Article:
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Peugeot adds a Partner Electrique LCV to the range

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September 10, 2012

The existing petrol-engined Peugeot Partner.

The existing petrol-engined Peugeot Partner.

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Peugeot is to add an electric version of its Partner LCV (Light Commercial Vehicle) to the range during the 2nd quarter of 2013. With a drive train developed in conjunction with Mitsubishi, the Partner Electrique runs a single permanent magnet, synchronous electric motor producing 49kW (67bhp) and torque of 200Nm and has a range of 170km (105 miles) based on the European cycle (NEDC). The LCV will be available in short and long wheelbase versions (4.38m and 4.63m), both with claimed class-leading load volumes.

The Partner Electrique has a battery capacity of 22.5 kW/h, arranged in two battery packs which are fitted underneath the vehicle on either side of the rear axle to maintain the Partner’s balance without encroaching on the useable dimensions of the load space.

The Partner Electrique features two different charging systems for its battery: a normal charge (up to 16 A) in six to nine hours and a fast charge (up to 125 A) which will replenish 80 percent of the battery capacity in 30 minutes.

In order to aid energy-efficient driving, the Partner Electrique's instrument panel features an energy consumption and recovery indicator and an auxiliary consumption gauge which indicates the power drawn by the heating and air conditioning system. The trip computer also displays the remaining range and the average energy consumption in kWh.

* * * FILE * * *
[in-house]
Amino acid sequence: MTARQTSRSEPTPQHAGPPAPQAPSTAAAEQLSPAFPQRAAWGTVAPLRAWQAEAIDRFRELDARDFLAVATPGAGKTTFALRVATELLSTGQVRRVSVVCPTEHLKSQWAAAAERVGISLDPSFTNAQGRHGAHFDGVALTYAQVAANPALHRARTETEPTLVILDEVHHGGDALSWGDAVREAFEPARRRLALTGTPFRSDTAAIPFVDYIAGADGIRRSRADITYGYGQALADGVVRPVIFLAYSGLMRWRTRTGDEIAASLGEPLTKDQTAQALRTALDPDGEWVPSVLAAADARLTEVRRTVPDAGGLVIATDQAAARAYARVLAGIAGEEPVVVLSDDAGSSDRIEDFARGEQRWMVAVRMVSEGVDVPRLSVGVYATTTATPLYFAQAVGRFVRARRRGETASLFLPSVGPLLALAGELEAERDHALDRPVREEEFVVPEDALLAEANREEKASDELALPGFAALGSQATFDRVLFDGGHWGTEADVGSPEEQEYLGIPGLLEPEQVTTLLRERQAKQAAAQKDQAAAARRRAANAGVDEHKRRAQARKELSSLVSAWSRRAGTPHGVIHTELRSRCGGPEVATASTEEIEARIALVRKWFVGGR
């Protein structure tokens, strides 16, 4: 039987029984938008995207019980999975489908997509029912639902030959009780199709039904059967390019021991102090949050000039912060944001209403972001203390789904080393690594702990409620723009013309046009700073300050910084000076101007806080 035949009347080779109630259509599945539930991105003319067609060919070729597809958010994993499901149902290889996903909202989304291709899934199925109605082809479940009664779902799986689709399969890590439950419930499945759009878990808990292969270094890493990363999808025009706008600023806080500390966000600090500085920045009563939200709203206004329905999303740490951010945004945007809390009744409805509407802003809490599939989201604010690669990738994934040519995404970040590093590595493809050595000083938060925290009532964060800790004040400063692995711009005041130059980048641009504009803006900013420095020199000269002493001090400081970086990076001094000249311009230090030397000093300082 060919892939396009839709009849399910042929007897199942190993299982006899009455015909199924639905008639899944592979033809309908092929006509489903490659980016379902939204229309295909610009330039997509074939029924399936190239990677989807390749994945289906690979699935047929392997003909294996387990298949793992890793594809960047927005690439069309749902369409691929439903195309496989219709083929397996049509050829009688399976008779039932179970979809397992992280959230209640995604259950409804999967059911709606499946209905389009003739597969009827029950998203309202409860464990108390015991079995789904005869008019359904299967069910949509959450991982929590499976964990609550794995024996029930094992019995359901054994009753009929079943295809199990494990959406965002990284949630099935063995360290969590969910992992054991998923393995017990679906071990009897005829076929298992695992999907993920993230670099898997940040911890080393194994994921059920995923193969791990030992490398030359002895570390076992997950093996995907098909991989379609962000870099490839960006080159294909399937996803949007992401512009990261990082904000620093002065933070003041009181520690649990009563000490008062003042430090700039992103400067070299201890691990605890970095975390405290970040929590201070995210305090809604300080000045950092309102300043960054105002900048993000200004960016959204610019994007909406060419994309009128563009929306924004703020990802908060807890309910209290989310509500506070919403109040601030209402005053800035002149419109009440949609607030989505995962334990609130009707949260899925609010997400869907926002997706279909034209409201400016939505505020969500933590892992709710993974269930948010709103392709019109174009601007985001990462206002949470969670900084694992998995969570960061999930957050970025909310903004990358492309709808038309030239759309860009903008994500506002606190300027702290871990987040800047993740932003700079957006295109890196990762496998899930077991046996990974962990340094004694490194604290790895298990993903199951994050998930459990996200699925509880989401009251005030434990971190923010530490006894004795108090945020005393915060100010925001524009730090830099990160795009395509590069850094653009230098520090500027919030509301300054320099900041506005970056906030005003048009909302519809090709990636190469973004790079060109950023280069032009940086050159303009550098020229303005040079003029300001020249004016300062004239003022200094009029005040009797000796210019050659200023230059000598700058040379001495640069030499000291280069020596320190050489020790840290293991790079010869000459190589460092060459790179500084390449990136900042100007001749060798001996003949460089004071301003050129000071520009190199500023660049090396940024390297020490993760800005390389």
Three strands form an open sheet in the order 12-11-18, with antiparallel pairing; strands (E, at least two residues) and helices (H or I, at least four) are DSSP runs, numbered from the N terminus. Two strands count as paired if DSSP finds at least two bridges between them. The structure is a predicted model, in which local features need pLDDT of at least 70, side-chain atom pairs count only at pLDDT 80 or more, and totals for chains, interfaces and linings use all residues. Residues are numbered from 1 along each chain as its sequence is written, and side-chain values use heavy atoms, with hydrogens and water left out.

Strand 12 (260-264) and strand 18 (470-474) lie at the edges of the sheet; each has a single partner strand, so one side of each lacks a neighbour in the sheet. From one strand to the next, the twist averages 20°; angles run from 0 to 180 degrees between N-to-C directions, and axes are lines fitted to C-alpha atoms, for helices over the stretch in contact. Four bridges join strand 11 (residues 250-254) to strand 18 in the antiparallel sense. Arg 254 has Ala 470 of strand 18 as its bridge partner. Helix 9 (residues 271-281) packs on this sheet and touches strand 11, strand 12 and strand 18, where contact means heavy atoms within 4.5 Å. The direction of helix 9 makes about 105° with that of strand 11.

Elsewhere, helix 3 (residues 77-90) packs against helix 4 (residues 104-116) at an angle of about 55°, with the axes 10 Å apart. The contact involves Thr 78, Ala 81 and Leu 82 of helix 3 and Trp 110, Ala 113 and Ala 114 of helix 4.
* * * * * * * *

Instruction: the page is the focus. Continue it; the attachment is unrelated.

There's also an electronic stability system (ESP) as standard, hill start assist, and the Partner's hallmark Multi-flex bench seat that can seat three people up front and when folded, allowing the load volume to be significantly increased.

As with the other Partner models, the new Partner Electrique will be produced at PSA Peugeot-Citroën’s Vigo plant in Spain.

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About the Author
Mike Hanlon Mike grew up thinking he would become a mathematician, accidentally started motorcycle racing, got a job writing road tests for a motorcycle magazine while at university, and became a writer. As a travelling photojournalist during his early career, his work was published in a dozen languages across 20+ countries. He went on to edit or manage over 50 print publications, with target audiences ranging from pensioners to plumbers, many different sports, many car and motorcycle magazines, with many more in the fields of communication - narrow subject magazines on topics such as advertising, marketing, visual communications, design, presentation and direct marketing. Then came the internet and Mike managed internet projects for Australia's largest multimedia company, Telstra.com.au (Australia's largest Telco), Seek.com.au (Australia's largest employment site), top100.com.au, hitwise.com, and a dozen other internet start-ups before founding Gizmag in 2002. Now he writes and thinks. All articles by Mike Hanlon
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